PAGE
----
Article by Ennis Davis, AICP
Pearl Street’s Streetcar Story
An early 20th century photograph showing the Pearl Street streetcar line in the background as a grassy median. (State Archives of Florida)
The push for an extension of downtown’s Hogan Street streetcar line to the Trout River along Pearl Street dates as far back as 1910. At the time, Springfield had emerged as a popular residential destination following the Great Fire of 1901. With the construction of the streetcar line north of downtown, a new bridge was constructed over Hogans Creek through Springfield Park, linking previously unconnected segments of Pearl Street in Hansontown and Springfield. Completed in 1916, the Hogan-Pearl Street streetcar line operated in a grassy median on Pearl Street, north of Springfield Park.
The intersection of West 8th Street and Pearl Street during the 1940s. (State Archives of Florida)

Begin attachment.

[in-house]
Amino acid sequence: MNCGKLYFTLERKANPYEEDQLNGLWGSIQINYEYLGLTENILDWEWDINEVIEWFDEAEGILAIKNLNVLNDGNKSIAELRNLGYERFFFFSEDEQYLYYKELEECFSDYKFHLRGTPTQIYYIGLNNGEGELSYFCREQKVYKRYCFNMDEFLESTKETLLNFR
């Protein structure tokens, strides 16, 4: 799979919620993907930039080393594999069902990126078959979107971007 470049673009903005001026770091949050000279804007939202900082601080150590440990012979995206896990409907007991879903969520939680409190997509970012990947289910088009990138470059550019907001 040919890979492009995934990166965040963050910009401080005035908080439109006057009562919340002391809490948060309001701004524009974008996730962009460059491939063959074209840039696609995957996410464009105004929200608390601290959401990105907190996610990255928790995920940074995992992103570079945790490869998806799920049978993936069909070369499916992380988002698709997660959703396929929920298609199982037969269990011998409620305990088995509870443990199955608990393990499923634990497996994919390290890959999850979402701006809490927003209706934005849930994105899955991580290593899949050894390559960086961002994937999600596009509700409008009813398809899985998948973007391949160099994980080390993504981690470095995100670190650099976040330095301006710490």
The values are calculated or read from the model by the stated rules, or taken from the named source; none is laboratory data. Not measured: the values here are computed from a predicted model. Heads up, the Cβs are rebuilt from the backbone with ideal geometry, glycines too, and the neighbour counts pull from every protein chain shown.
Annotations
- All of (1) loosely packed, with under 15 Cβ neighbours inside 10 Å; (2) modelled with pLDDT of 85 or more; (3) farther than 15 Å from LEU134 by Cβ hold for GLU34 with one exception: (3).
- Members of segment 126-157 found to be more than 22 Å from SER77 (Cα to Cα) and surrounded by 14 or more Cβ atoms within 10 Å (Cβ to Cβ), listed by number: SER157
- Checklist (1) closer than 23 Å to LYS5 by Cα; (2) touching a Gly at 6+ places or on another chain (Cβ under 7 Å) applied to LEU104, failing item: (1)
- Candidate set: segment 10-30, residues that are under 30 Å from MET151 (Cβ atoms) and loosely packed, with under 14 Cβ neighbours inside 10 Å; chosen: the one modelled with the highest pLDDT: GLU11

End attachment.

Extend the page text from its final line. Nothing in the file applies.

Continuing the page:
While the fixed transit system never made it north of Springfield it was successful in stimulating mixed-use infill development along its path. By the early 1920s, mixed-use storefronts appeared at the intersections of Pearl and West 6th, 7th, 8th, 9th and 10th streets. Bounded by Pearl, West 9th, 10th and Silver Streets, Clark’s Park was replaced with a mix of residential uses, including a small bungalow court, single family homes and two family flats by the end of the Florida land boom.
Zoned a business district as a part of the city’s first zoning ordinance in 1925, Pearl Street also emerged as an early location for gas stations. At the intersection of Pearl and West 6th Street, the Texas Oil Company, Standard Oil Company and Shell Oil Company all opened filling stations between 1927 and 1931.
Developing during the midst of a housing shortage as the city’s population increased from 28,429 in 1900 to 129,549 in 1930, many of Pearl Street’s residential units were built as “missing middle” multifamily dwellings. When streetcar operations ceased in favor of buses in December 1936, Springfield was largely already built out along the Pearl Street line. While Pearl Street no longer has the grassy median the streetcar once ran on, it’s mixed-use historic built environment remains and is an important part of the Springfield Historic District’s unique sense of place.